How many minutes are measured when you go once around the clock?
    4. If you go once around the clock to count minutes does it matter where you start?
    5. What is another time measurement for going once around the clock?

  1. Copy and complete this sentence with numbers.
    ____ minutes and _____ hour measure the same amount of time.
    1. On the first clock face draw a minute hand and show what it does in one hour.
    2. On the second clock face draw a hour hand and show what it does in one hour.

  1. The dark marks around the clock face tell us two things. Copy and complete these sentences:
    1. The dark marks count the _____ .
    2. The dark marks count the _____ in groups of _____ .

  1. Copy and complete these sentences. Use your clock to help you:
    1. If the hour hand travels one mark past an o'clock it has travelled _____ of its journey towards the next hour. (Answer with a fraction.)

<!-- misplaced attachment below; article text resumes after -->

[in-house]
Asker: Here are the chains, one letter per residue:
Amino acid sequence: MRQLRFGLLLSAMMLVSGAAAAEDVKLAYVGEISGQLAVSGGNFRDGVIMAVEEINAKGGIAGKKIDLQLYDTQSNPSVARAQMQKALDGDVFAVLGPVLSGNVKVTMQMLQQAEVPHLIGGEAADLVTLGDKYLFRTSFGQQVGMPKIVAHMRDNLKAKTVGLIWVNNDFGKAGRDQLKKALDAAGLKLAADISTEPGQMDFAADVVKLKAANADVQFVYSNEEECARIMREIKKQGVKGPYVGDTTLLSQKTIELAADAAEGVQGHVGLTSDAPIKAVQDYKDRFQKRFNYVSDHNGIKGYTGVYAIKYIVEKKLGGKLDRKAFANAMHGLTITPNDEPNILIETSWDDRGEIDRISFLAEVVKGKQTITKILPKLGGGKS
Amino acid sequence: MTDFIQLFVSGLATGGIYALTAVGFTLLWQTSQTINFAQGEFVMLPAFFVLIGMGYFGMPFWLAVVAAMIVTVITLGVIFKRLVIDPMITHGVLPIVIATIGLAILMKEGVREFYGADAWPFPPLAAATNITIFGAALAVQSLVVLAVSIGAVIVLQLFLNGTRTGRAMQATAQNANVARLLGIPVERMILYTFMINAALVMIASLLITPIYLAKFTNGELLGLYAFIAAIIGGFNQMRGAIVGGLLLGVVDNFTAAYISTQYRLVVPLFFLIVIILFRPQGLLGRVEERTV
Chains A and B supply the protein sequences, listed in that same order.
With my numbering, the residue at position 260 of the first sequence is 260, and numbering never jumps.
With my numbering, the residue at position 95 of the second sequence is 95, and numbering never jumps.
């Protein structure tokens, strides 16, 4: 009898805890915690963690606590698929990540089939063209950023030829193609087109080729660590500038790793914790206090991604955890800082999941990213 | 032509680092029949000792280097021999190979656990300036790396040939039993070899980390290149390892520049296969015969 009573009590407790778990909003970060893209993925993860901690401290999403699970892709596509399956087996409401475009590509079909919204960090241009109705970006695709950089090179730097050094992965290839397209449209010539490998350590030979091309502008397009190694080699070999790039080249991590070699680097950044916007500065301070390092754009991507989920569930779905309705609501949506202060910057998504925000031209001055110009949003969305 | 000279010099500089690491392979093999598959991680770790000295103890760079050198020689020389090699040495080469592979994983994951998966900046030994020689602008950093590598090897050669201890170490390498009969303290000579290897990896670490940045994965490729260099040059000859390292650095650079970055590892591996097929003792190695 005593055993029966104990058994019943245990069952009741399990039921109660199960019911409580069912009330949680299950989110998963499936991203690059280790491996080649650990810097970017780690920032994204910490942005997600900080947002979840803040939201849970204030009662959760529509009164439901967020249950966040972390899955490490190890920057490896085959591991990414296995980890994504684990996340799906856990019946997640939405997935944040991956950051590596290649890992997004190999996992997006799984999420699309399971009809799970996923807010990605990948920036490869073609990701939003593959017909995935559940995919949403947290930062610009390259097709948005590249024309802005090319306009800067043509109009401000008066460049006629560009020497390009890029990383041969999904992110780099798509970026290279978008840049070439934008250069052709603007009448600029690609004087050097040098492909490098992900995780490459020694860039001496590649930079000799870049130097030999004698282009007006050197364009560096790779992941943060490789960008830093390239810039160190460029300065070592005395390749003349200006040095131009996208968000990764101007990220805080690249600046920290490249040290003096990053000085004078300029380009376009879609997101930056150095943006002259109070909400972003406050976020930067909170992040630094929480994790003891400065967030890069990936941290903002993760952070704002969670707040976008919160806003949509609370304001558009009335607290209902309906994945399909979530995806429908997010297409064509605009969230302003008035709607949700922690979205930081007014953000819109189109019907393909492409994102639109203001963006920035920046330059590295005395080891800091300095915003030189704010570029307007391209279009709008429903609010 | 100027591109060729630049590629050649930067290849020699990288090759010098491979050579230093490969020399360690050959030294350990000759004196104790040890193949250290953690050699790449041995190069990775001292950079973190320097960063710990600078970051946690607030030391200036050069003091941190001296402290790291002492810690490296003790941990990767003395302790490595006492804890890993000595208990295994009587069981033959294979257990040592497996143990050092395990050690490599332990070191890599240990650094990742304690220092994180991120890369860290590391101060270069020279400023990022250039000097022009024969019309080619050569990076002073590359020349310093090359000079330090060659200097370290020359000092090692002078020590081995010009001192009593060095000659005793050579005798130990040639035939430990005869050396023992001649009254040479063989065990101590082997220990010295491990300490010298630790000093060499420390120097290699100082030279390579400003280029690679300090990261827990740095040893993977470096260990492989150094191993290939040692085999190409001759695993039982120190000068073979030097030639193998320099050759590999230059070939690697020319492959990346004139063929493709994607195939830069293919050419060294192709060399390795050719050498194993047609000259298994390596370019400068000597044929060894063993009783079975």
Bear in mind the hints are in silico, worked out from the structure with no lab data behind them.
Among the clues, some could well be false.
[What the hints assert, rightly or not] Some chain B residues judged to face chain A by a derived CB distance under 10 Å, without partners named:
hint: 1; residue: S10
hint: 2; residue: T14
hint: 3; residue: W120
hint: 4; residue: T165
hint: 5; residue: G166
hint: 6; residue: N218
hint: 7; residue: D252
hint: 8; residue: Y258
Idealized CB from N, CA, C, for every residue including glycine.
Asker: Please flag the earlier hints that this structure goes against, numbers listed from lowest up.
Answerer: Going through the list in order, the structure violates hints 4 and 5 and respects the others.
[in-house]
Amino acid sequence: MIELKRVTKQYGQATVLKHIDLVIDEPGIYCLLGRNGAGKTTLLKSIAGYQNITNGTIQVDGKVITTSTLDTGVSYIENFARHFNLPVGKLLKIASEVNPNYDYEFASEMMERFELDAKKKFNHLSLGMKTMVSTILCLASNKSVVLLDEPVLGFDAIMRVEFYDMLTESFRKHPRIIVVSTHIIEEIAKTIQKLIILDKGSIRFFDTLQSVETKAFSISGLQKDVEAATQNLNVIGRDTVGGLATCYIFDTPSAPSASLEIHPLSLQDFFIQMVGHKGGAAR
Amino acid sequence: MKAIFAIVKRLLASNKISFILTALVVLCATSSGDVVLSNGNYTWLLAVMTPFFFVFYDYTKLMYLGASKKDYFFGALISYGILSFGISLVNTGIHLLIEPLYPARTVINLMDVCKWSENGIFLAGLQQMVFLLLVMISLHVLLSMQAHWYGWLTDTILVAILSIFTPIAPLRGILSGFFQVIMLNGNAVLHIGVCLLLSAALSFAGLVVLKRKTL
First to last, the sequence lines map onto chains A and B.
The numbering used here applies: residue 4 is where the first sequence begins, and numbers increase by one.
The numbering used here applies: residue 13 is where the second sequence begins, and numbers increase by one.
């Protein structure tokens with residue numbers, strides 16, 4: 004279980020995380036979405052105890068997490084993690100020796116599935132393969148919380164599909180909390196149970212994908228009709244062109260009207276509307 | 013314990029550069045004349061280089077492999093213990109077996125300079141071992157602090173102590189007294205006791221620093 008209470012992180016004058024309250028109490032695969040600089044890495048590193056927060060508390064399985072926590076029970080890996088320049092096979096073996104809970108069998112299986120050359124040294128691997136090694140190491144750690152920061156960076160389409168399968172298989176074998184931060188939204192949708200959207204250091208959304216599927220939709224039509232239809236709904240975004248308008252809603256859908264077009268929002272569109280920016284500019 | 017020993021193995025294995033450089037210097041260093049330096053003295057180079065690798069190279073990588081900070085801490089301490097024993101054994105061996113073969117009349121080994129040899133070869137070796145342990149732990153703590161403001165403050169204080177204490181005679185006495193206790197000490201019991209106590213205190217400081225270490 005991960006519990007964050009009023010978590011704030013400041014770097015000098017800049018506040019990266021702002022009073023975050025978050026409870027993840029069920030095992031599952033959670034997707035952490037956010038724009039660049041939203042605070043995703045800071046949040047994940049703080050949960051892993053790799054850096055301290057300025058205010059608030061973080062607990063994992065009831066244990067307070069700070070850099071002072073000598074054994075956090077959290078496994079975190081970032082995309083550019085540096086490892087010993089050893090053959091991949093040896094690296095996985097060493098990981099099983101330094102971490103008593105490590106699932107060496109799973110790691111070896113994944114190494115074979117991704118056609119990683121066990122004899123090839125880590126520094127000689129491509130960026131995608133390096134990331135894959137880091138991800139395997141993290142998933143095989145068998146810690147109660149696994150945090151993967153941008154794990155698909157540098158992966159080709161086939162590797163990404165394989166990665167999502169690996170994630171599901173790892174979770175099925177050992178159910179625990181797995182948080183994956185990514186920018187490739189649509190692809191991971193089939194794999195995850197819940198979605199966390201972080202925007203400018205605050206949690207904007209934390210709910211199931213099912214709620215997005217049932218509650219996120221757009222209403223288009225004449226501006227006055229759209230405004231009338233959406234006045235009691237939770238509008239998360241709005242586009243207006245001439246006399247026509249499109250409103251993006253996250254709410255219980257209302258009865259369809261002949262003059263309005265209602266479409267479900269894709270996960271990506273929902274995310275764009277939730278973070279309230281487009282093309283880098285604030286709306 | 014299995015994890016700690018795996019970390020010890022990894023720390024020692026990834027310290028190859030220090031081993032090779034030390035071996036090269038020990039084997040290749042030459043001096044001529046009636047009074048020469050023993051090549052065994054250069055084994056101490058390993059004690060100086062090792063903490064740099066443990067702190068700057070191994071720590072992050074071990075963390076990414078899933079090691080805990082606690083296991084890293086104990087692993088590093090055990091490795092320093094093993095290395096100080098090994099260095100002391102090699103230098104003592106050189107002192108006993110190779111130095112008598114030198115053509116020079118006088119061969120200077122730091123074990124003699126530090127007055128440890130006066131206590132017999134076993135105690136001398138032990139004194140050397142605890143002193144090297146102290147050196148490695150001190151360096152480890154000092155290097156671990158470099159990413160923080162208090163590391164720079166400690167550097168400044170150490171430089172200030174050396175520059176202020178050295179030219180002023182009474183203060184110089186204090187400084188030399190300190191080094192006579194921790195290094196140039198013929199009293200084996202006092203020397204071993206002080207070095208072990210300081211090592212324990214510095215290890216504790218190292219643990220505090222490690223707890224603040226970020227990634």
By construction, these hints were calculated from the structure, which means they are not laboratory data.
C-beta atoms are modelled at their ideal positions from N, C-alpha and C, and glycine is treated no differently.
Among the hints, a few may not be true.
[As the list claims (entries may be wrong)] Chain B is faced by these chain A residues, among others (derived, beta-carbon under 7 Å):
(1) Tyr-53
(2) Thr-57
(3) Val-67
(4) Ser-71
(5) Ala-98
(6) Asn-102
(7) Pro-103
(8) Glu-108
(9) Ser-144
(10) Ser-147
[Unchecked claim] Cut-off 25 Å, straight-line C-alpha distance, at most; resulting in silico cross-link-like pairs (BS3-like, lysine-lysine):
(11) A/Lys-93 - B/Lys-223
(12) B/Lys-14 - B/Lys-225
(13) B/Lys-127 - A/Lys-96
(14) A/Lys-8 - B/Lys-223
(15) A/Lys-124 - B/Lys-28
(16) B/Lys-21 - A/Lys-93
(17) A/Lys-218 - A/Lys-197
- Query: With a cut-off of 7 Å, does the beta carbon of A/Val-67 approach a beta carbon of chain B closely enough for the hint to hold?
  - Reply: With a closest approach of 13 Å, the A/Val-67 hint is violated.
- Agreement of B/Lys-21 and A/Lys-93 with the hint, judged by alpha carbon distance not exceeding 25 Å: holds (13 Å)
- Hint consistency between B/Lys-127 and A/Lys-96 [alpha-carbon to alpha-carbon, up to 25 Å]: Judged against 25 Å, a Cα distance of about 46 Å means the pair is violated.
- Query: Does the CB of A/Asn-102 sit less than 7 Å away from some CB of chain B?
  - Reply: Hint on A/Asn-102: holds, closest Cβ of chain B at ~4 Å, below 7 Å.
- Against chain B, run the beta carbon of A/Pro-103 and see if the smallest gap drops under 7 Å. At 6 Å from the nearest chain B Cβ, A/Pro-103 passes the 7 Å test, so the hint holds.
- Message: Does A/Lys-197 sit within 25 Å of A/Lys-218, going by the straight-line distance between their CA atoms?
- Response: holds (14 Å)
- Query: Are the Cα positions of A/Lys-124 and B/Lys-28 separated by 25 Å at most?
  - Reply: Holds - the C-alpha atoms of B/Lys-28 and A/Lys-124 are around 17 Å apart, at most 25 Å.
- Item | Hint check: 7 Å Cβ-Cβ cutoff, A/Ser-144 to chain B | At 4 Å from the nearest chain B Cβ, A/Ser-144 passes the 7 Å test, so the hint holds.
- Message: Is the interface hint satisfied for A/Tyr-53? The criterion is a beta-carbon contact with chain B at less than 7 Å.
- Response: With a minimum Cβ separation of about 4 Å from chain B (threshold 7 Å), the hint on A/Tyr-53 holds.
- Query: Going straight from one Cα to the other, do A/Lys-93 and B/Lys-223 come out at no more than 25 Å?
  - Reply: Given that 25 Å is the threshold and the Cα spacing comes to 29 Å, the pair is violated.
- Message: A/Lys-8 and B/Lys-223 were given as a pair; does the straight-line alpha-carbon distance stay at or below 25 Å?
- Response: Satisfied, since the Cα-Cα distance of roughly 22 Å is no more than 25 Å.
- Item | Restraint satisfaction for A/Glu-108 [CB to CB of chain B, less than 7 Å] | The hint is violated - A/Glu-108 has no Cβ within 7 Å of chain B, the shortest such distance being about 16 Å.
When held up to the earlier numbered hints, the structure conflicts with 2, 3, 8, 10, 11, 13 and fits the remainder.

2. In the same time the minute hand has travelled _____ marks towards the next hour. (Answer with a whole number.)
    3. In (b), what fraction of the journey to the next hour has been completed by the minute hand.

Optional
This is a little bit trickier, but the same sort of thinking as 5.

  1. Copy and complete these sentences. Use your clock to help you:
    1. If the minute hand travels one mark past an o'clock it has travelled _____ of its journey towards the next hour. (Answer with a fraction.)
    2. In the same time the hour hand has travelled _____ marks towards the next hour. (Answer with words or numbers or both.)